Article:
selling sell more of it."
A lot of care is taken with refrigeration, including many
units designed solely for seafood.
Chefs take product temperatures four times a day, which are
then logged and made available to Adair - and to the health
department - whenever he pops in. Delicate fish like snapper
are protected by a layer of muslin between the flesh and the
bagged ice; skin-on fish are stored skin side to the ice.
"It's for the same reason that you cook a fish skin-side
first, so as not to 'shock' the flesh itself," Adair notes.
"And we make sure we don't have too much product on the
line," he says. "We work very closely off projections. Product
in a line cooler deteriorates much faster than it does in the
walk-in, even a good one."
At the Brigantine Seafood Restaurants, sales are driven by
familiar species like shrimp, salmon, swordfish, halibut and
mahimahi, notes Adair, who characterizes the San Diego market
as fairly conservative. Still, the menu at these restaurants
includes plenty of inventive preparations, such as the
top-selling Grilled Marinated Fresh Swordfish (marinated in
soy, lemon and garlic).
At the more casual Miguel's Cocina, the top-selling item is
authentic Baja-style fish tacos, a specialty that has achieved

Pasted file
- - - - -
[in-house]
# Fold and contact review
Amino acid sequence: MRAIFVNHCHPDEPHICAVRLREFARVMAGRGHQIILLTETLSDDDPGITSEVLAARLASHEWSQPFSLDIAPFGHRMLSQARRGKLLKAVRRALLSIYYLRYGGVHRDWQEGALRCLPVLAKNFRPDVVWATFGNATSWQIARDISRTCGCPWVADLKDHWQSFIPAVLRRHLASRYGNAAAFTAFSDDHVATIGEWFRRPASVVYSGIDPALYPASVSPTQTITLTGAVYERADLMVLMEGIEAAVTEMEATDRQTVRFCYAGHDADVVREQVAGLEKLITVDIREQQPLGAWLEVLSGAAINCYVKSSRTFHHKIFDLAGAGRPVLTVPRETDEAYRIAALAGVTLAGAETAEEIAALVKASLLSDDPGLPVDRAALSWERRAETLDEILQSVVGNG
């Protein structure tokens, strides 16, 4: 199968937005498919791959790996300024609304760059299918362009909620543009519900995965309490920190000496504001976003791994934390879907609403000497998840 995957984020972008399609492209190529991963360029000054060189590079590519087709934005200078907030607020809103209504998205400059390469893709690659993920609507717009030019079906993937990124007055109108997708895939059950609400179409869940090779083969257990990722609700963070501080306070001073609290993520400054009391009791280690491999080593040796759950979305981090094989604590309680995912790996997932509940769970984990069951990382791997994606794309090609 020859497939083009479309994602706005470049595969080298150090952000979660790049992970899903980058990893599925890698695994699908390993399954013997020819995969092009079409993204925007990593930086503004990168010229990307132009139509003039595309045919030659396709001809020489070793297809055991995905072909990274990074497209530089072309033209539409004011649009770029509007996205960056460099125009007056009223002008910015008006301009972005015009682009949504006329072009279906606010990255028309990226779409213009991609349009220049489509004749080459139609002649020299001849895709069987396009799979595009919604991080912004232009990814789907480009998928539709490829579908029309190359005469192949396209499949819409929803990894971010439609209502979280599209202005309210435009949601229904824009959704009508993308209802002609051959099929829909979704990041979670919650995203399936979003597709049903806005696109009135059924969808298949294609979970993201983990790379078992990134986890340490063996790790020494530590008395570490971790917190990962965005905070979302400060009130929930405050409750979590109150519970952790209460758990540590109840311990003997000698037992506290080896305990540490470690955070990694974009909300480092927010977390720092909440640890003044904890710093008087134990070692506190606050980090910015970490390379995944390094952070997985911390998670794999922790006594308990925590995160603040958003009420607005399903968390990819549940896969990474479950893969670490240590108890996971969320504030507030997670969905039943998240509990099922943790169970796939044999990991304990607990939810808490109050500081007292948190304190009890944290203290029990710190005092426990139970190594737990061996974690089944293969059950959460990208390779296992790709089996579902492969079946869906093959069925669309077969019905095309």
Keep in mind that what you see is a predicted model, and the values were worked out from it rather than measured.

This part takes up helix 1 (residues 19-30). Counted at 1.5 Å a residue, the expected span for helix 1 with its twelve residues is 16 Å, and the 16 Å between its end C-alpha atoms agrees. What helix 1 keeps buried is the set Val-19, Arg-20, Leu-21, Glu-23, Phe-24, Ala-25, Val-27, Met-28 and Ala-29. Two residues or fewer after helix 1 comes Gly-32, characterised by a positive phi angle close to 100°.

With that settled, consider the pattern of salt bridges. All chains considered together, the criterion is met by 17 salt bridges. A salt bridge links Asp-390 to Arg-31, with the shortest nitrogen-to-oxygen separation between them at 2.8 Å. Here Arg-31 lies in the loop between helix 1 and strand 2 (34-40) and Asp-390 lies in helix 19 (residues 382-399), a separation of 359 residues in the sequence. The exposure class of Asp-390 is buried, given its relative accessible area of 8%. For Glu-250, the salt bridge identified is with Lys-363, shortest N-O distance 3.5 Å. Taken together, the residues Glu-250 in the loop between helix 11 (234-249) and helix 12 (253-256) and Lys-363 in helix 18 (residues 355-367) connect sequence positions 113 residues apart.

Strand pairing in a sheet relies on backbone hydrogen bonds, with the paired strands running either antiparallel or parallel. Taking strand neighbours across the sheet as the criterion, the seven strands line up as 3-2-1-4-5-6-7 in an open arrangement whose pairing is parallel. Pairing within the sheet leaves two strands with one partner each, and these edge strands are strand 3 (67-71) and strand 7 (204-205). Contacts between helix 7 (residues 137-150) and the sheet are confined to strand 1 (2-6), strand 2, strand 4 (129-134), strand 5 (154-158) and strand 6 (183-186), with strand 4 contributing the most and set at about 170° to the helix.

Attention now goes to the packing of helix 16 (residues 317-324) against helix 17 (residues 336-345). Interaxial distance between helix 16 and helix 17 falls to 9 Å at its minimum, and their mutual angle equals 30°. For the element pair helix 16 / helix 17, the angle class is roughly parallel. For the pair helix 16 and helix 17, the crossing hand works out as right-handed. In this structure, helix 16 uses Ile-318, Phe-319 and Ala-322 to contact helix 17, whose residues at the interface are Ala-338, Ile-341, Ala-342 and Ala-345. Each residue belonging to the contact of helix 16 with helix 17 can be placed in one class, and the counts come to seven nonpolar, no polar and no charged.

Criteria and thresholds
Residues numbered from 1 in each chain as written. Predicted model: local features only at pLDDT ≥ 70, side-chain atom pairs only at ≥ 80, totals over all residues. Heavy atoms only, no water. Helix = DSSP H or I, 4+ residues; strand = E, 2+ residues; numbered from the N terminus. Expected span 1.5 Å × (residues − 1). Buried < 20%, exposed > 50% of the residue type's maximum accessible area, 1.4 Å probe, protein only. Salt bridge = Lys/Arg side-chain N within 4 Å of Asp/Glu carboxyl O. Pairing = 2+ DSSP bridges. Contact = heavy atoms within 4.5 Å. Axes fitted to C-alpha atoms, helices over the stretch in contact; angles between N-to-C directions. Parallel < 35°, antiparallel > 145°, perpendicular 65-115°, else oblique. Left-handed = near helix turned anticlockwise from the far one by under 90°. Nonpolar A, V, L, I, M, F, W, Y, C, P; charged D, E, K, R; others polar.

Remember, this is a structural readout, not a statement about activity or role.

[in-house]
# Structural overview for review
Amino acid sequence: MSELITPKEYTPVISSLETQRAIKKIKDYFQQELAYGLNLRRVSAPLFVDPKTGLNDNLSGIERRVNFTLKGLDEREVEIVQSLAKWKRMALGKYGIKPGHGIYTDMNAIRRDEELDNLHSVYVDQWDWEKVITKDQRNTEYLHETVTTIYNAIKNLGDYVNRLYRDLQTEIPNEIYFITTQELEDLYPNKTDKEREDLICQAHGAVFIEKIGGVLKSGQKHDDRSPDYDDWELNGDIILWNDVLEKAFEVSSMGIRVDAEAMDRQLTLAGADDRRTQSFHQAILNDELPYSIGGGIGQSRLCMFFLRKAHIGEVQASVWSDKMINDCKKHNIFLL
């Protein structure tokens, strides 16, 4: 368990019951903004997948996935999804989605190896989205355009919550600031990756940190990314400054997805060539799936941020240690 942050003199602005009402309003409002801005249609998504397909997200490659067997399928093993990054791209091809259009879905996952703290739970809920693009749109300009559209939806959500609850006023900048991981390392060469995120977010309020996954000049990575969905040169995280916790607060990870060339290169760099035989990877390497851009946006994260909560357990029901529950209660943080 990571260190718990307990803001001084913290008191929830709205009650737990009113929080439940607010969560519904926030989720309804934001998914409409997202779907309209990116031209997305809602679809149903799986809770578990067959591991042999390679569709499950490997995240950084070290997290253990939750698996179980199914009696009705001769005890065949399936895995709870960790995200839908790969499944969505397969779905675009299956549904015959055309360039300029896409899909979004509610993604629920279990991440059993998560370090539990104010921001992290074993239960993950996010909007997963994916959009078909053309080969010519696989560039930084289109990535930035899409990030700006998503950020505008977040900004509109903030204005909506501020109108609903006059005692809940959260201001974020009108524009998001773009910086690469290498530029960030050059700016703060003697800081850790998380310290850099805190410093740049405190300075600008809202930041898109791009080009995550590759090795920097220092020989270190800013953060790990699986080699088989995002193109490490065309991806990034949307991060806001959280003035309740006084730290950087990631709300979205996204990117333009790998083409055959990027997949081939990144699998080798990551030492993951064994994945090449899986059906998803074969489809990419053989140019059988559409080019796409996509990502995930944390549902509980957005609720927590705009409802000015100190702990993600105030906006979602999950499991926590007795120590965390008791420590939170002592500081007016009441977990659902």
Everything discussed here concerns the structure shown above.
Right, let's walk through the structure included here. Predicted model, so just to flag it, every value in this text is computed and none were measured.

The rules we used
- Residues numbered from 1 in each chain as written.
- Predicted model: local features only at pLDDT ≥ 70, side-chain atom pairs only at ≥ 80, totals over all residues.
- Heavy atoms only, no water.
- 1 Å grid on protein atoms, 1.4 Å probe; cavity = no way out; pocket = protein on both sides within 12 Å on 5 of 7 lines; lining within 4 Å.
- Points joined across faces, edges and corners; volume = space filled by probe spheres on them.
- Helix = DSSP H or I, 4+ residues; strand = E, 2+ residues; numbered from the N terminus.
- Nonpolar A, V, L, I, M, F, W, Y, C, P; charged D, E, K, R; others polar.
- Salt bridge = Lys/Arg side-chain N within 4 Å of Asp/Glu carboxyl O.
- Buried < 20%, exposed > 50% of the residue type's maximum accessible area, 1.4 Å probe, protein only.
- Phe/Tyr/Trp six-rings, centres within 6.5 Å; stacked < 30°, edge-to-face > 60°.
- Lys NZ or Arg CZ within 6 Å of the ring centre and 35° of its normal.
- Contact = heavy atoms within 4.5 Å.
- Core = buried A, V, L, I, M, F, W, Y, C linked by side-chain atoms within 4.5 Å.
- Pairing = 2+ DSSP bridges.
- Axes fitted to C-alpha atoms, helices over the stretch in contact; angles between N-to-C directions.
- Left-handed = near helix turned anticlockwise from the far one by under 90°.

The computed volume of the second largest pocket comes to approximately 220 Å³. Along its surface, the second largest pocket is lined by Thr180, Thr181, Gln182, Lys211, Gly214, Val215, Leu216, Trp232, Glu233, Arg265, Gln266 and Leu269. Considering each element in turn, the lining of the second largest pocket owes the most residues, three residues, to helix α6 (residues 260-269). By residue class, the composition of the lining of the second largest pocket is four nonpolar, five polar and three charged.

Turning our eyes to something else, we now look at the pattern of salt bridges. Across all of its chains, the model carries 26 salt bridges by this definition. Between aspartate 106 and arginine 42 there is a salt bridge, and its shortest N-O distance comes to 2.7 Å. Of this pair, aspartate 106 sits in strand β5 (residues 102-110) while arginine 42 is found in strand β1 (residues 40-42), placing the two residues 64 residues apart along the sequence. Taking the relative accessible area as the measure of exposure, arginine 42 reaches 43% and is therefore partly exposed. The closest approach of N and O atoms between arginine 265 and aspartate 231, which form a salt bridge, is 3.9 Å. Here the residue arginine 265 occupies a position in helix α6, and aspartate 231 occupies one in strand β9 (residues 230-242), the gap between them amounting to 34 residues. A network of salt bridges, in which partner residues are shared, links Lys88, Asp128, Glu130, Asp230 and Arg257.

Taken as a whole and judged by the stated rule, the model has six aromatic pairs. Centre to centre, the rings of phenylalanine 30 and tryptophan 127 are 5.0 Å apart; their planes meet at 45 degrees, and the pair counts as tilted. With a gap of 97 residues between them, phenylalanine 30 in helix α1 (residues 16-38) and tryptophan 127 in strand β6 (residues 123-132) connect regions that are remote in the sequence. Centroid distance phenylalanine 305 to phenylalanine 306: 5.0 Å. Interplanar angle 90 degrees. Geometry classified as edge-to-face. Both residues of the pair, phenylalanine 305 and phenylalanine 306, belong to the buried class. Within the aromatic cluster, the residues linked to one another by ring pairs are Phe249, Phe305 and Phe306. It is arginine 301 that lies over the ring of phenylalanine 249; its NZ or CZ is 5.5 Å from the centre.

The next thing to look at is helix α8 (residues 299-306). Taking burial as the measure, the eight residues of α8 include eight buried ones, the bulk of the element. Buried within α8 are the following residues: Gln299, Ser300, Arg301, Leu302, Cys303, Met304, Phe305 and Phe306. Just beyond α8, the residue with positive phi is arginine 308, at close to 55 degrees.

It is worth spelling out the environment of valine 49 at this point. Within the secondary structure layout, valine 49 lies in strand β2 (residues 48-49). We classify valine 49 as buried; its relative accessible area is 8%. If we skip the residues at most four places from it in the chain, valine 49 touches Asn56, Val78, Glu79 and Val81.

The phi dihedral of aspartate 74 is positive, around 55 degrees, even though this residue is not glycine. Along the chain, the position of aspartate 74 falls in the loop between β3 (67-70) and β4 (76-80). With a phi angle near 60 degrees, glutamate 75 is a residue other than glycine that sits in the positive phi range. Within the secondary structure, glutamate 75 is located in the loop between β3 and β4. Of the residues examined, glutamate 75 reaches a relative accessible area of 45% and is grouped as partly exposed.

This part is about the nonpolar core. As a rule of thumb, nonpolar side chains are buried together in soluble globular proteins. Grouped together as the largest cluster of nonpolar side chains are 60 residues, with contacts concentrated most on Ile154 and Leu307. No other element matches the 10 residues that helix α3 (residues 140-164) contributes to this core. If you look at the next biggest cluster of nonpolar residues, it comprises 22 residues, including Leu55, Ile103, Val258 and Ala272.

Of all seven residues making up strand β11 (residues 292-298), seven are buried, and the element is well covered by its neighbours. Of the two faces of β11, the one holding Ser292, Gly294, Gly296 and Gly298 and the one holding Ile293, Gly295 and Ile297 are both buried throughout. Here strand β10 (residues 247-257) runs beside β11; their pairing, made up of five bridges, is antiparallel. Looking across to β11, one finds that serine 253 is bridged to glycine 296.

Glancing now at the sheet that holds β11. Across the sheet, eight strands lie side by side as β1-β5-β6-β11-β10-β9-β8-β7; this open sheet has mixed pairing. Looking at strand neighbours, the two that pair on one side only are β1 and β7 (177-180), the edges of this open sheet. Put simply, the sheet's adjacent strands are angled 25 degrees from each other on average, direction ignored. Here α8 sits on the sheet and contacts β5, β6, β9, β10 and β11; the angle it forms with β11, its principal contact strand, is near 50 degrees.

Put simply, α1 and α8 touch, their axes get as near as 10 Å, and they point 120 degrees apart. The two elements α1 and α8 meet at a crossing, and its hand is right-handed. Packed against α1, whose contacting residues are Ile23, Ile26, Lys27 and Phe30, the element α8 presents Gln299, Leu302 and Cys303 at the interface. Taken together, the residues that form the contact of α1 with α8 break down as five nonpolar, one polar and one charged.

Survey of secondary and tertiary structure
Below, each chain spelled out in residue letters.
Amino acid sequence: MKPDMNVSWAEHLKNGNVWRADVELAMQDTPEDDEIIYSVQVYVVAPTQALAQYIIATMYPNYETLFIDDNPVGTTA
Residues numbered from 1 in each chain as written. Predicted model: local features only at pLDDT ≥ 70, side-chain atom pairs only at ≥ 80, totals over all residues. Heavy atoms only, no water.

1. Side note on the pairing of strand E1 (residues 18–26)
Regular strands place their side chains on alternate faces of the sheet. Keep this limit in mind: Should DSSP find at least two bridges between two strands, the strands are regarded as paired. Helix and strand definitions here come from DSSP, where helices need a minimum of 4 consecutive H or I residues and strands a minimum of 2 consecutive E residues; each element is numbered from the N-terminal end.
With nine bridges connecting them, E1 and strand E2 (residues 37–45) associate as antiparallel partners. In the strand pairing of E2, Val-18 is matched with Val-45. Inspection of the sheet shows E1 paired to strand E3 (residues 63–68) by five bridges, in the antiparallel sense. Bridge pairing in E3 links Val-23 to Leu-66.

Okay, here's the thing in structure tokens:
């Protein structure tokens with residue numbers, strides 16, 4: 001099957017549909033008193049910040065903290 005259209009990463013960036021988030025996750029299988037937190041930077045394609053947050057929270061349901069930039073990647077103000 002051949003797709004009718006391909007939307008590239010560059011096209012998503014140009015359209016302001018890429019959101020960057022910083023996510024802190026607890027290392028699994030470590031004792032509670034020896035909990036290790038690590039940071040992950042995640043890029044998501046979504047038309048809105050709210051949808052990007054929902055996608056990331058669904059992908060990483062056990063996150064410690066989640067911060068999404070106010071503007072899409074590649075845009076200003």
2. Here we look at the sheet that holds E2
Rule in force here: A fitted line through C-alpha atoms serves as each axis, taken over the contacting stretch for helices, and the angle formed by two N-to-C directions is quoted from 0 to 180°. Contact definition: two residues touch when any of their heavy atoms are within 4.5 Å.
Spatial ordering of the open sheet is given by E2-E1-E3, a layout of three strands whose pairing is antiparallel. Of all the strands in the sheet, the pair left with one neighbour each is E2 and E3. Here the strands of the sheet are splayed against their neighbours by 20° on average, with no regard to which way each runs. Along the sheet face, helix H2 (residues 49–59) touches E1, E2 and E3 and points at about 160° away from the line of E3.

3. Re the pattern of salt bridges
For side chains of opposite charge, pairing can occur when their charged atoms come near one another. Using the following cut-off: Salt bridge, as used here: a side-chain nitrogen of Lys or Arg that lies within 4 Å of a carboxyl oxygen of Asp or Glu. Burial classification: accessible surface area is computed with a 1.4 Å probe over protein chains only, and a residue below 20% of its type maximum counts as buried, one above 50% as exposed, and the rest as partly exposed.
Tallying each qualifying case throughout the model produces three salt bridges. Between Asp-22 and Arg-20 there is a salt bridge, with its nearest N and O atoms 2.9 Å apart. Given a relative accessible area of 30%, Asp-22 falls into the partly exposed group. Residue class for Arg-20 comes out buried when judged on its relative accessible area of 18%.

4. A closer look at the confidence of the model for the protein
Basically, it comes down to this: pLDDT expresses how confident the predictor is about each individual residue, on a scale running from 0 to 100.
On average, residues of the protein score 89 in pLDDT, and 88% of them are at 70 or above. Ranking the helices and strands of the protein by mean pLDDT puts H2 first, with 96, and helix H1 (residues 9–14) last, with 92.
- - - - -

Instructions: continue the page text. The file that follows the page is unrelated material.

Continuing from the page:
cult status in the areas of California closest to Mexico. Adair
points out that fish tacos, garnished with crisp shredded
cabbage, owe their texture and flavor to Japanese influence.
Emigrants from Japan came to the Pacific coast of Mexico, Peru
and Brazil in the late 1800s to work the fishing trade.
"It's the original fusion cuisine - tempura-fried local
Mexican fish," Adair observes.
Specializing in Baja cuisine, the menu at Miguel's is heavy
on seafood, from ceviche and shrimp fajitas and enchiladas to
the Calamari Torta, a kind of sandwich. True to Baja form, the
food tastes more of lime, tomato, onion, cilantro and other
fresh ingredients than of chiles. One of the Miguel's features
a large display rotisserie that is used for nontraditional
items like Mexican-style baby back ribs and whole roasted
The menu at Zocalo is much more experimental, taking its
cues from Central and South America, Cuba and Puerto Rico, as
well as from the regional specialties of Oaxaca and the
Yucatan. Menu items include Crispy Tropical Shrimp Sticks
(coconut-battered shrimp skewers with sweet pineapple and a
mango salsa), Honey-Chipotle-Glazed Salmon and Pepita-Encrusted
If the Brigantine group has a flagship, it's Azul, a
top-rated restaurant with a stunning view of the Pacific.
Although the menu changes daily, a typical selection might
include Almond Tempura Softshell Crab and Avocado Napoleon,
Soy-Charred Rare Yellowfin Tuna and Truffle Potato-Crusted King
The Brigantine Group is developing several new restaurants,
including a second Zocalo Grill and a new Brigantine in Chula
Vista, near the Mexican border. And a location in the Carlsbad
Hotel is being negotiated that will most likely be two
restaurants - Brigantine and Miguel's - with a shared
"That's what's so cool about this company," says Adair.
"We're always trying something new."
SFlb Contributing Editor Joan M. Lang lives in Cape